Then, from Sunjata: “There is rap in gospel music. How can it all be bad?” Years ago, I watched a young man do “gospel rap.” I processed it through my paradigm and decided, “Not for me.” Since I made that decision years ago, it only seemed fair to see if the genre was different today. To that end, I watched several gospel rappers on YouTube. Some of them were: Tre9 performing “Pull Up on Ya Block;” “NC Female Christian Hip-Hop Cypher #NCFemaleCypher;” Sicily performing “Problems Music Video-Christian Rap” and Lazarus performing “Walk by Faith.”
As before, the words were meaningful, but, for me, not worshipful and definitely did not encourage me to a paradigm rooted in a faithful walk, or relationship, with God. In most cases, if I turned off the audio, I could hardly distinguish these Christian rappers from those described in my column that prompted the letter from Sunjata. With one or two exceptions, their dress and movements were similar.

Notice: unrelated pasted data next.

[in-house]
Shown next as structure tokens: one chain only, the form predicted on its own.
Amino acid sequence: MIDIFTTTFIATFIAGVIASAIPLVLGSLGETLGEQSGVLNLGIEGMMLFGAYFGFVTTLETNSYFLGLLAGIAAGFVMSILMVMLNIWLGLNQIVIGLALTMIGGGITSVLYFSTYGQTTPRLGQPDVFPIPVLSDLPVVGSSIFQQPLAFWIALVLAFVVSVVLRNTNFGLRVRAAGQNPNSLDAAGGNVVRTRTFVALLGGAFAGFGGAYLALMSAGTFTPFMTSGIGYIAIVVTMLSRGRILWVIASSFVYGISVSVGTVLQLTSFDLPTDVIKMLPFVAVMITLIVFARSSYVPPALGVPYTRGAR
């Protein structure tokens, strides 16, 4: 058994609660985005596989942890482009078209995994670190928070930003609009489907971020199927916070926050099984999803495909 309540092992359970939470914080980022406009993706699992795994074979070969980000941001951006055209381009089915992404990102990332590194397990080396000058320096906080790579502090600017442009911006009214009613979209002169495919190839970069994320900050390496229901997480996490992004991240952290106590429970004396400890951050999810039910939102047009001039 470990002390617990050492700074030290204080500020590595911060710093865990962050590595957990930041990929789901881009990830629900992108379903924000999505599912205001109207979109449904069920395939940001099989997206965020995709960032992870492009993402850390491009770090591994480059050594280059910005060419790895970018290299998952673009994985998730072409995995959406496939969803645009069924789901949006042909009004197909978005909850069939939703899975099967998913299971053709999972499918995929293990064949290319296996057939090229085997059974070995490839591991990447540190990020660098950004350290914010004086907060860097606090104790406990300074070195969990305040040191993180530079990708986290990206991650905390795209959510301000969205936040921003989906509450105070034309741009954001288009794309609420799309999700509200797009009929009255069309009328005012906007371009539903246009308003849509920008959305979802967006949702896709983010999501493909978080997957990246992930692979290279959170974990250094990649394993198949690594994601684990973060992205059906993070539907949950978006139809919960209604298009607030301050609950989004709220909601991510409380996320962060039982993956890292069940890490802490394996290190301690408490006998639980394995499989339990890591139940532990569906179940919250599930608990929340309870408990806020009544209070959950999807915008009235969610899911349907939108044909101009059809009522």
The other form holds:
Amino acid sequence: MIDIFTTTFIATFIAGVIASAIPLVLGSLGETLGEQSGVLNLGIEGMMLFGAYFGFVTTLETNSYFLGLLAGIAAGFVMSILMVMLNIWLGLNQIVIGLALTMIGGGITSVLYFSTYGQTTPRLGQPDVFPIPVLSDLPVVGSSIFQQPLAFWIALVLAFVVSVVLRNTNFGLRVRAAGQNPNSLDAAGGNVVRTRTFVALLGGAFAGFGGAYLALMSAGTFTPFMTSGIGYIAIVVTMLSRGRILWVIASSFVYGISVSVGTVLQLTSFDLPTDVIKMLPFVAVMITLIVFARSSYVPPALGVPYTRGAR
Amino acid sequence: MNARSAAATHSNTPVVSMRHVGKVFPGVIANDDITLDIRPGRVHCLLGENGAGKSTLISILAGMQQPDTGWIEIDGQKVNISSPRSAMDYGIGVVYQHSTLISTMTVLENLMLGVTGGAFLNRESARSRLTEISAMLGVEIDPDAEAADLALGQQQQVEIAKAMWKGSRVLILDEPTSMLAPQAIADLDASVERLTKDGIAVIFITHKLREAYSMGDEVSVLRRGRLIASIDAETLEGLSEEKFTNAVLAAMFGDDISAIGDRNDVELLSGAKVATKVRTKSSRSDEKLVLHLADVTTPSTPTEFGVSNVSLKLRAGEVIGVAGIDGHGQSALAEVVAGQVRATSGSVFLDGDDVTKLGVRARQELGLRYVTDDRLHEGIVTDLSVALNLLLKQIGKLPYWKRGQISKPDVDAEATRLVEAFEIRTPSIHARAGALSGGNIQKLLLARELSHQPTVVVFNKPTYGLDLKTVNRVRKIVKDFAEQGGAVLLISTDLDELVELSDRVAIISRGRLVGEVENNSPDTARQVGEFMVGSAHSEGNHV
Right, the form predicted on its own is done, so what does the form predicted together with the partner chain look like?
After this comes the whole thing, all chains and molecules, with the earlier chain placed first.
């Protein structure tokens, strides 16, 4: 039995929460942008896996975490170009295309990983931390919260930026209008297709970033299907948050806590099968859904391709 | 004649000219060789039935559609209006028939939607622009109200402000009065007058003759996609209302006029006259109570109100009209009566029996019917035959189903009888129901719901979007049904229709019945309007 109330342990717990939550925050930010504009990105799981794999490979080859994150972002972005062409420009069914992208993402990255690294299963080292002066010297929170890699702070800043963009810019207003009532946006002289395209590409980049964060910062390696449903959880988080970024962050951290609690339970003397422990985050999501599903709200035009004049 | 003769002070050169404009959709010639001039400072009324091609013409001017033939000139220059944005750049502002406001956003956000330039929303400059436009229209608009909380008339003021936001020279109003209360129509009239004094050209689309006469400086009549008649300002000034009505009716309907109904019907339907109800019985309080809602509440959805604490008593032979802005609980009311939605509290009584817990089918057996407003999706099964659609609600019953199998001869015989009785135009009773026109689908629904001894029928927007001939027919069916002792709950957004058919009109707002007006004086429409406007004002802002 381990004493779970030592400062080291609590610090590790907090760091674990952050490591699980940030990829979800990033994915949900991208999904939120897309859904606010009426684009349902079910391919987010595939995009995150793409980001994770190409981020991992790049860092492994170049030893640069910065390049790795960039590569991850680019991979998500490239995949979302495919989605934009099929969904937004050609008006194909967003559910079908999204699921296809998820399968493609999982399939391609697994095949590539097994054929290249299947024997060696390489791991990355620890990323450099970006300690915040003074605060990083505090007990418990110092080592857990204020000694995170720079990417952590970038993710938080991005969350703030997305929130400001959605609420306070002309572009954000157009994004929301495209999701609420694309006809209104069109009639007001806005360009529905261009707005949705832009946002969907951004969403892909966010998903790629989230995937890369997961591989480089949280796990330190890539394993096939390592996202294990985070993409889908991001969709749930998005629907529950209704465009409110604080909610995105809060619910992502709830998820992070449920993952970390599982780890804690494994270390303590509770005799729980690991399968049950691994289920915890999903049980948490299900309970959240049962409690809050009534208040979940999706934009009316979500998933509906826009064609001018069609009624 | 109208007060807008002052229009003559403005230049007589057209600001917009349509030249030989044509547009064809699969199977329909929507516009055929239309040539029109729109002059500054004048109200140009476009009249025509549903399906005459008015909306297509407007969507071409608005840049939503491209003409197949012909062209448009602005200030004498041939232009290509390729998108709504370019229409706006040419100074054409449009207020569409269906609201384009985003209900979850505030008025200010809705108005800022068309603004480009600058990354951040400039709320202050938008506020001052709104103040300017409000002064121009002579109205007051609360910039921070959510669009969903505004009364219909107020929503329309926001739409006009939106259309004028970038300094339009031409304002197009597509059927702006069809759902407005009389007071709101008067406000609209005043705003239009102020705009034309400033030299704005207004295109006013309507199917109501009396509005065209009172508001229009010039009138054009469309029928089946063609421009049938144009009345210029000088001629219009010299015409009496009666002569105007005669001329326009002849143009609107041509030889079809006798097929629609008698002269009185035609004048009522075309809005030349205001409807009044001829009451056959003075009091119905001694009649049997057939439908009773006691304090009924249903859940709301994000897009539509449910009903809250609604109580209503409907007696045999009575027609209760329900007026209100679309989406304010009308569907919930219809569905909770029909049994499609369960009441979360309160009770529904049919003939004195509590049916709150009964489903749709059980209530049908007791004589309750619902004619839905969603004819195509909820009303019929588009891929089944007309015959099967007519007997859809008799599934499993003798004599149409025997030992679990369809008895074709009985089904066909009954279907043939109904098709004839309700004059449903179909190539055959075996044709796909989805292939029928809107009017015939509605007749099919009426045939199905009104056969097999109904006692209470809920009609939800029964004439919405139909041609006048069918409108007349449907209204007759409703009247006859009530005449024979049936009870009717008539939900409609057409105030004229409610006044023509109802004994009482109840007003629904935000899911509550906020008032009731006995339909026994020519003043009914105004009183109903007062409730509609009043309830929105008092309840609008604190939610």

On my part, there was a sense of being entertained rather than sensing God’s presence and worshipping him. When all this was processed through my thought-framework, my paradigm, it was rejected. Without a doubt, this genre appears to be an attempt to reach young people where they seem to be. If that statement is true, and I believe it is, we have sunk to an alarmingly treacherous position as a society. I do not view Christian or gospel rap as redemptive for the rap genre.
Here is one of two statements in her letter where Sunjata says I took credit for rap being included at the Dogwood Festival: “It is funny that Karl Merritt is taking credit for the Dogwood Festival’s inclusion of Rap this year and then bemoaning them adding rap music.” I asked that she tell me where I took this credit. There was no response. If someone else can show me where I made this claim, I would appreciate it.
Further, Ms. Sunjata says: “Very tired of people not wanting to alter or change anything in Fayetteville except what is important to them. I don’t enjoy baseball, but okay, there is going to be a field and a team. Perhaps the choice of selecting Coolio might not be appropriate for the audience which will attend the Festival. How will we ever know unless they give it a try?”